sprintf(filename, ".
Data
scripts
%s", sr.Name);
E2034 Cannot convert 'UnicodeString' to 'char *'
E2342 Type mismatch in parameter '__buffer' (wanted 'char *', got 'UnicodeString')

sprint is looking for char but I now have filename as UnicodeString, so I've tried messing with swprintf and trying char and AnsiString with filename. I just get other compile errors. Clear suggestions for dealing with these char -> UnicodeString conversions and their use in functions and sprintf statements would be most helpful. Thanks.
Asger Joergensen

Posts: 370
Registered: 11/18/08
Re: FileOpen Question
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  Posted: Apr 9, 2017 2:41 PM   in response to: William Macon in response to: William Macon
Hi William

William Macon wrote:

sprintf(filename, ".
Data
scripts
%s", sr.Name);

try this instead:

filename = L"Data
scripts
" + sr.Name;

.
is redundant, . mean the directory you are already in.

Best regards
Asger
Remy Lebeau (Te...


Posts: 9,447
Registered: 12/23/01
Re: FileOpen Question [Edit]
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  Posted: Apr 10, 2017 11:11 AM   in response to: William Macon in response to: William Macon
William wrote:

Now I am concerned about how much else may be throughout this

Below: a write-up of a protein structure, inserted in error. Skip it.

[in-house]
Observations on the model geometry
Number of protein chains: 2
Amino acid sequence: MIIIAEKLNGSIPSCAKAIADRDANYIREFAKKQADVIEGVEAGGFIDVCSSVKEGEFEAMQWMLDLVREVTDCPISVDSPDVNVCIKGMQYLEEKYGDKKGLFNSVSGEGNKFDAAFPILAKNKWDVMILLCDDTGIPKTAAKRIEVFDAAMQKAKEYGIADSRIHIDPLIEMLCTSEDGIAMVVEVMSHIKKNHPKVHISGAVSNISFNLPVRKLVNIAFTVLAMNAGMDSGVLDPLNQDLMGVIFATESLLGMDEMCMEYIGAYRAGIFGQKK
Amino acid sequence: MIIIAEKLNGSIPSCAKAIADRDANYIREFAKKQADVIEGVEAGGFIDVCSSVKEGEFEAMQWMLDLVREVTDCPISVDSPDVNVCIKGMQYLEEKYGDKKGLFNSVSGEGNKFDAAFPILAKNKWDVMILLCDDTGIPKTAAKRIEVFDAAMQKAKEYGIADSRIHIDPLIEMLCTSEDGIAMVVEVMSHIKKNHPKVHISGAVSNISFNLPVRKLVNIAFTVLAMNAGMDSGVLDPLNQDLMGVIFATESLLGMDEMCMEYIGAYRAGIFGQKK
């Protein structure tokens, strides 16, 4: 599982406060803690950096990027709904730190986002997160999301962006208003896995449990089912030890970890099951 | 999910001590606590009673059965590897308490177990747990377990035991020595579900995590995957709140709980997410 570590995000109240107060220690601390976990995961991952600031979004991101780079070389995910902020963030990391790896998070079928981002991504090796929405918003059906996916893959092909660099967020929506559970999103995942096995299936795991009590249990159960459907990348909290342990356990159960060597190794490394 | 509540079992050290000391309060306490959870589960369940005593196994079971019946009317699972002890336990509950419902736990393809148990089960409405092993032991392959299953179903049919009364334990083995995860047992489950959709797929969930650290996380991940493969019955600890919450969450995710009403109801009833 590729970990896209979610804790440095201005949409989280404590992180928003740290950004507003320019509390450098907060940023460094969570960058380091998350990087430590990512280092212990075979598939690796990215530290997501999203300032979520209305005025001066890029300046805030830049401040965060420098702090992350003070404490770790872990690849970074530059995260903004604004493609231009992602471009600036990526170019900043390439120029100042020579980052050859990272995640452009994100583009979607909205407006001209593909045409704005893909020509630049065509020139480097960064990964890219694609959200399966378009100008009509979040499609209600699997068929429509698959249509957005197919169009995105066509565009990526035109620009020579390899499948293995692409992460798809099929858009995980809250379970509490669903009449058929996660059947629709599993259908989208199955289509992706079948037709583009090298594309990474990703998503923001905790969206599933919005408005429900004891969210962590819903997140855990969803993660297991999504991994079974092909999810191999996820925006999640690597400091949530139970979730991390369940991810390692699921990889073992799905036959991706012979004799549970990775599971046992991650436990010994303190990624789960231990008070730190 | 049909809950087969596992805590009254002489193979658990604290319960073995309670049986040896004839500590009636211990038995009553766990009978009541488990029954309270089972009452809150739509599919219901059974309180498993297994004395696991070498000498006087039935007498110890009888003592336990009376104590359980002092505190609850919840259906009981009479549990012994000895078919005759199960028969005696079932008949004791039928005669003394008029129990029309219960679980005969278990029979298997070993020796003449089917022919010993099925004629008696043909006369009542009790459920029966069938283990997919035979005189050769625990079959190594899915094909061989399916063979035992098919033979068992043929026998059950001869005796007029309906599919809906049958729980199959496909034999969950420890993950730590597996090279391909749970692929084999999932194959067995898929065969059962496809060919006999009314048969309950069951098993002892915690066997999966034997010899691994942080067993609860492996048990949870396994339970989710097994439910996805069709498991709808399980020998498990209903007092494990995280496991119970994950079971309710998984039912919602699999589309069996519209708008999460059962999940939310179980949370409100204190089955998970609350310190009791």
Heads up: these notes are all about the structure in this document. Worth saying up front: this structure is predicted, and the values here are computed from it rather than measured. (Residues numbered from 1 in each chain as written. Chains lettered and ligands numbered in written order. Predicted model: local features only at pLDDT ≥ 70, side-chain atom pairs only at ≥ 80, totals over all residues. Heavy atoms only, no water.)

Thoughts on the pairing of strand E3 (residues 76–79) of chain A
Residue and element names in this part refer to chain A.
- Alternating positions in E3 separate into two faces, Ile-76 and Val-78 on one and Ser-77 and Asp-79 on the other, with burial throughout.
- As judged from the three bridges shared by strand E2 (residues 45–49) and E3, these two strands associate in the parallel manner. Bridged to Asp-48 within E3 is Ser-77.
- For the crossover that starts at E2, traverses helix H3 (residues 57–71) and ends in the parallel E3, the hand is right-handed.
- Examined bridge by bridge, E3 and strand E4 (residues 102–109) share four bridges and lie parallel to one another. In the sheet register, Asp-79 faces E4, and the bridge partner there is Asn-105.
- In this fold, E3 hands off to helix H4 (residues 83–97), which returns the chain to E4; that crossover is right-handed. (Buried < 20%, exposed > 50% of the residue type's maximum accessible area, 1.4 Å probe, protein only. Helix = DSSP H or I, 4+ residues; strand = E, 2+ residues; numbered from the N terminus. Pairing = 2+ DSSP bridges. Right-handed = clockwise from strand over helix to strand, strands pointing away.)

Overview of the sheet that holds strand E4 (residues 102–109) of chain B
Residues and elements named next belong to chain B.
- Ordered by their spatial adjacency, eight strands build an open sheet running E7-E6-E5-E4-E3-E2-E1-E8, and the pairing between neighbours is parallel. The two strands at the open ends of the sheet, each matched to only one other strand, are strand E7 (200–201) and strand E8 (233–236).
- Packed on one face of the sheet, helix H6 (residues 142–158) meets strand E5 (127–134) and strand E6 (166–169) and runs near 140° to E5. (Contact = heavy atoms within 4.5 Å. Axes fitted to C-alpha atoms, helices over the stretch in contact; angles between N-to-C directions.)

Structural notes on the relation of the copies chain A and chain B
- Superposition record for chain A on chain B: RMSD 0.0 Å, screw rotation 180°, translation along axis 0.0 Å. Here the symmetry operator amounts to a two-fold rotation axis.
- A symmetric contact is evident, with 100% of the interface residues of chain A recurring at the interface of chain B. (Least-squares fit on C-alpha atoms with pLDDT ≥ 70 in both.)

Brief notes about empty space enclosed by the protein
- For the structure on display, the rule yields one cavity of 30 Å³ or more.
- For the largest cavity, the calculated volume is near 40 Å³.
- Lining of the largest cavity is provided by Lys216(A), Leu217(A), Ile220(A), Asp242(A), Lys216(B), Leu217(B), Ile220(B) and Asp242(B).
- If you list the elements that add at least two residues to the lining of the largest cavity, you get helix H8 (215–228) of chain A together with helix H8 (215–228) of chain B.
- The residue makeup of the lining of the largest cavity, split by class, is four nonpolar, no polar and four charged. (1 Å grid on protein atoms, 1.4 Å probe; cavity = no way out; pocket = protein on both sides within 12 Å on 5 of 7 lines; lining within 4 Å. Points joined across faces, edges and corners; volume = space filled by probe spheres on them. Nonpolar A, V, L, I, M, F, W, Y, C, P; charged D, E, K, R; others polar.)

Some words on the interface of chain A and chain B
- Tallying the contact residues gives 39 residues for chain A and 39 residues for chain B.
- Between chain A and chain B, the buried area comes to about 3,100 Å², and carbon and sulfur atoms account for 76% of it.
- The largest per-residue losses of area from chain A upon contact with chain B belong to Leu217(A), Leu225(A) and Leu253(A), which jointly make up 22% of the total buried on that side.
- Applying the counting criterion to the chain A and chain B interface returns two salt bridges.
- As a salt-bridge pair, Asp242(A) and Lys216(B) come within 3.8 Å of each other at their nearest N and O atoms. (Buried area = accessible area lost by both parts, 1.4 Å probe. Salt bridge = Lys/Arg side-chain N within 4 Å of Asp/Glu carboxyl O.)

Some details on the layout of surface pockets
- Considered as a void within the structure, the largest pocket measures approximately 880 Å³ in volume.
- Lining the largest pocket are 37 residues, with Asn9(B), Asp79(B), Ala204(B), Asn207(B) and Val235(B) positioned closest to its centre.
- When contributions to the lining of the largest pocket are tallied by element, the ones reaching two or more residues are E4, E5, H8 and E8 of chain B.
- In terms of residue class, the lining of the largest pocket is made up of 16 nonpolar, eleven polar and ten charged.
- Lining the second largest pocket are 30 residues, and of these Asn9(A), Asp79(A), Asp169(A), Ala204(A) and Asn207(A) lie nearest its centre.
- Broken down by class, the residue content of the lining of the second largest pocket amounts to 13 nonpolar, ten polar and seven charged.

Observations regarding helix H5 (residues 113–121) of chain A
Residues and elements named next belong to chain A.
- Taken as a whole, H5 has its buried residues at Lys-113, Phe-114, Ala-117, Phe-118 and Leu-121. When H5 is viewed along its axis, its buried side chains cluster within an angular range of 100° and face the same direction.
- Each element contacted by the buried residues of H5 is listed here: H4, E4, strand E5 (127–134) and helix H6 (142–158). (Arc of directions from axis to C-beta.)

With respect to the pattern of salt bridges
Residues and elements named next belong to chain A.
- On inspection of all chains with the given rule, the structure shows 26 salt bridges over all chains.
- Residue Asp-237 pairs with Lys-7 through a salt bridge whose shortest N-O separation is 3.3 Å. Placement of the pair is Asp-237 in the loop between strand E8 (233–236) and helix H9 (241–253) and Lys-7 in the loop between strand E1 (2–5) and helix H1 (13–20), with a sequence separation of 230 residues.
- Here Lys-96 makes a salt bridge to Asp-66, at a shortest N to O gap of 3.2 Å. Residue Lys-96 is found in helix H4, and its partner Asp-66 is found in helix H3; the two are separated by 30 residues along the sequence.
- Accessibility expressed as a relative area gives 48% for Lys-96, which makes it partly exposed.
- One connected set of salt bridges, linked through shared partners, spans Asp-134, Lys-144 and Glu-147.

legacy code that may be old Borland Delphi included with C++, migrated
to CodeGear C++Builder 2007 and now I'm stuck with it trying to keep
it going? Unless use of FormCreate and others absolutely will not work,
I'd prefer to focus on partial migrations to fix the specific
char/UnicodeString problems. This shouldn't be so difficult,
should it?

You should NEVER use the OnCreate (and OnDestroy) event in C++, in ANY version.

sprintf(filename, ".
Data
scripts
%s", sr.Name);
E2034 Cannot convert 'UnicodeString' to 'char *'
E2342 Type mismatch in parameter '__buffer' (wanted 'char *', got 'UnicodeString')

The Clang compiler is able to validate the data types used for printf-style
function parameters at compile-time. In this case, sr.Name is a UnicodeString,
but the "%s" format specifier is expecting a char* instead. That is a mismatch,
which is why the compiler complains.

If you need to leave your 'filename' variable declared as a char[], you need
to use one of the following statements instead:

sprintf(filename, ".\\Data\\scripts\\%s", AnsiString(sr.Name).c_str());


sprintf(filename, ".\\Data\\scripts\\%S", sr.Name.c_str());


Otherwise, if you change your 'filename' variable to wchar_t[], you can then
use this statement instead:

swprintf(filename, L".\\Data\\scripts\\%s", sr.Name.c_str());


Otherwise, if you change your 'filename' variable to System::String (ie UnicodeString),
you can then use one of these statements instead:

filename.sprintf(_D(".\\Data\\scripts\\%s"), sr.Name.c_str());


filename = Format(_D(".\\Data\\scripts\\%s"), ARRAYOFCONST(( sr.Name )) );


filename = _D(".\\Data\\scripts\\") + sr.Name;